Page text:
In a preferred embodiment, mandrel 30 is drawn to a diameter such that the size of the double cylinder aperture 34 is larger than the fibers to which the resultant coupler is to be connected. Mandrel 30 is cleaned and mounted in a lathe where it is provided with a coating 38 of glass particles from burner 40 as shown in FIG. 8. The resultant composite preform 42 is consolidated to form a precision tube by gradually inserting the preform into a consolidation furnace. The overcladding glass preferably has the same refractive index as original glass tube 10. Thus, coating 38 could have the same refractive index as tube 10, but the compositions could be different. However, the refractive indices of these two glass regions can be most easily matched by matching the composition of the overcladding to that of the original capillary tube 10. If, for example, tube 10 is formed of fluorosilicate glass, coating 38 could consist of silica particles and a sufficient amount of fluorine-containing gas could be present during the consolidation of coating 38 to form a glass layer having a composition identical to that of original tube 10. The resultant consolidated glass body is again drawn to reduce the diameter thereof in the manner described in connection with FIG. 7. After this final draw operation, the size of each cylindrical aperture is only a few microns larger than the diameter of the fiber that is to be inserted therein.
Obviously, the precision tube could be formed in a single draw step or by overcoating and drawing more than the number of times specified in the preferred embodiment.
A precision capillary tube having two contiguous apertures could also be formed by core drilling oversized longitudinally-extending holes in a glass rod. If the holes are spaced by a small distance, the wall therebetween can be removed by etching. The resultant tube can be drawn as described above to reduce the diameter of the aperture.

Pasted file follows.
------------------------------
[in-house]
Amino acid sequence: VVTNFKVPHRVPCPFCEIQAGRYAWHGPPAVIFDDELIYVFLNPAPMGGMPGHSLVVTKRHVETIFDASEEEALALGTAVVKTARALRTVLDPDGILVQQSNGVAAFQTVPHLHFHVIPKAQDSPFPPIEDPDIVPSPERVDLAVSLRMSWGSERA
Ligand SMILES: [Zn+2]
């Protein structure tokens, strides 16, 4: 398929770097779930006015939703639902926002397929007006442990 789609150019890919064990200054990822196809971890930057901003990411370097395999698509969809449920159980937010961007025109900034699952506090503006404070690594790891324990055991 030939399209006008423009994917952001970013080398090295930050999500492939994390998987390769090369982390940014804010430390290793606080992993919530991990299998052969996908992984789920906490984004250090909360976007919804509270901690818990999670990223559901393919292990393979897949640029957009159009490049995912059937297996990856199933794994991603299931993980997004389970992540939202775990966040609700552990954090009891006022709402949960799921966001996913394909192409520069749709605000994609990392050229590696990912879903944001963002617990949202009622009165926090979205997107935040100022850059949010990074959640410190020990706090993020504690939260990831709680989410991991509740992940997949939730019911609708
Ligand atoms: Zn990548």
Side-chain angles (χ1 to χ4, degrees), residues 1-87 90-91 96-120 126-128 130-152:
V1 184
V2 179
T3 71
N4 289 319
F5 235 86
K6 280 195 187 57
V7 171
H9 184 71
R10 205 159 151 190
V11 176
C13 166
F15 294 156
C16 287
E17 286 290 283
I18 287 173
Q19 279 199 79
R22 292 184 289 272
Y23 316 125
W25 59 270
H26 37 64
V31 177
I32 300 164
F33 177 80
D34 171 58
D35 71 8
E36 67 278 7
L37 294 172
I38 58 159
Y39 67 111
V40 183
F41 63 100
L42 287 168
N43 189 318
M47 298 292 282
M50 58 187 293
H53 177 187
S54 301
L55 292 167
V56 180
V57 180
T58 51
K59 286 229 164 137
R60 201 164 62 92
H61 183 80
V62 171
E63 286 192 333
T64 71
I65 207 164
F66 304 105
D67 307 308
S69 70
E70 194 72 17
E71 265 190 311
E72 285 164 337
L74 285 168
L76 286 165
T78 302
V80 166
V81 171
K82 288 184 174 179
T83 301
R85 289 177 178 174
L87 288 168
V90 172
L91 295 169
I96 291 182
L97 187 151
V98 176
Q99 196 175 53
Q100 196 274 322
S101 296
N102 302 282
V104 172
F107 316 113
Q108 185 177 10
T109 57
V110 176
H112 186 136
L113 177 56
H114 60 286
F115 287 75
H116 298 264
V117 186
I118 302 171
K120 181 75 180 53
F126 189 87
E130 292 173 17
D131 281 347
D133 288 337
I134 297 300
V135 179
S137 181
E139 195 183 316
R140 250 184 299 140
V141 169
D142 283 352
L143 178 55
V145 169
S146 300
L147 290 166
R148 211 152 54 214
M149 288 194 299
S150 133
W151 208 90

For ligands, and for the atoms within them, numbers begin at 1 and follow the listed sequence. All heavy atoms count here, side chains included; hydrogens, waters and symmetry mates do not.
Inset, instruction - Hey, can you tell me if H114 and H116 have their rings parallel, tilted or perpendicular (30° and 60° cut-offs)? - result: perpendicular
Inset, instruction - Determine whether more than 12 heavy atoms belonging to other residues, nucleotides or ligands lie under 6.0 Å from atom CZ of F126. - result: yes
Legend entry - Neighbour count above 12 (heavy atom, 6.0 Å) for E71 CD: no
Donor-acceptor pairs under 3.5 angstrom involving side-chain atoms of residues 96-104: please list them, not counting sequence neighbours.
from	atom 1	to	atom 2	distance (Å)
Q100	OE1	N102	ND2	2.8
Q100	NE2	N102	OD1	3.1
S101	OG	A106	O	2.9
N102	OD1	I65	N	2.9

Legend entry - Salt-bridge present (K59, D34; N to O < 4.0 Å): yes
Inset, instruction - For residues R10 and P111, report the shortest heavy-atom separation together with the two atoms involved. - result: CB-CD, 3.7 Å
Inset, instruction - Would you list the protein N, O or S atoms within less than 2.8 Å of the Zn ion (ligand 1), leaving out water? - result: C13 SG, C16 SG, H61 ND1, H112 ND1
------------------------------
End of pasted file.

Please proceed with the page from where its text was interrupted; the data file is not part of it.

A precision tube formed by one of the aforementioned processes is divided into lengths 1 that are suitable for forming optical fiber couplers. During the subdividing process, portions of the precision aperture, which will be located at the ends of the couplers, can be enlarged to facilitate the insertion of optical fibers into the aperture. A fluid such as air is supplied to the aperture of the precision tube to create therein a pressure in excess of ambient pressure. When a portion of the length of the precision tube is heated to the softening point of the glass material, the fluid pressure within the aperture causes it to expand at the heated portion by displacing the glass. In this manner, a bubble is formed within the aperture of the tube. A more uniform and concentric bubble can be formed by rotating the precision tube while directing a flame thereon or by employing a ring burner that heats the entire circumference of the tube. The procedure is repeated at intervals spaced by the distance 1. The precision tube is scored along the exterior surface thereof at about the center of each bubble and severed along the score lines. This produces a coupler tube between each pair of bubbles. The coupler tube consists of a portion of the precision tube, the longitudinal aperture of which has a tapered aperture at each end.
FIG. 9 shows a coupler tube 44 formed as described above. Extending longitudinally through tube 44 is a precision aperture 46 which is connected to tube ends 48 and 49 by tapered apertures 50 and 51, respectively. Precision aperture 46 is precisely shaped in the form of two contiguous cylindrical apertures the diameters of which are only slightly larger than the outside diameters of the optical fibers. The diameters of the contiguous cylindrical apertures are preferably only one or two microns larger than the diameters of such optical fibers.
The ends of two short lengths of optical fiber 52 and 53 are carefully cleaved to form endfaces which will be suitable for end-to-end fiber connection. The fibers, each of which conventionally have a core and cladding, are selected to match the optical fibers with which the resultant coupler will be connected. The fibers are cleaned to prevent seed formation in the subsequent coupler forming steps and are then longitudinally centered within aperture 46. Another piece of fiber can be used to position the fibers within the aperture. Fibers 52 and 53 are shorter than aperture 46 by a length sufficient to ensure that the remaining open end portions of aperture 46 are sufficiently long to receive system optical fibers in good axial alignment with fibers 52 and 53.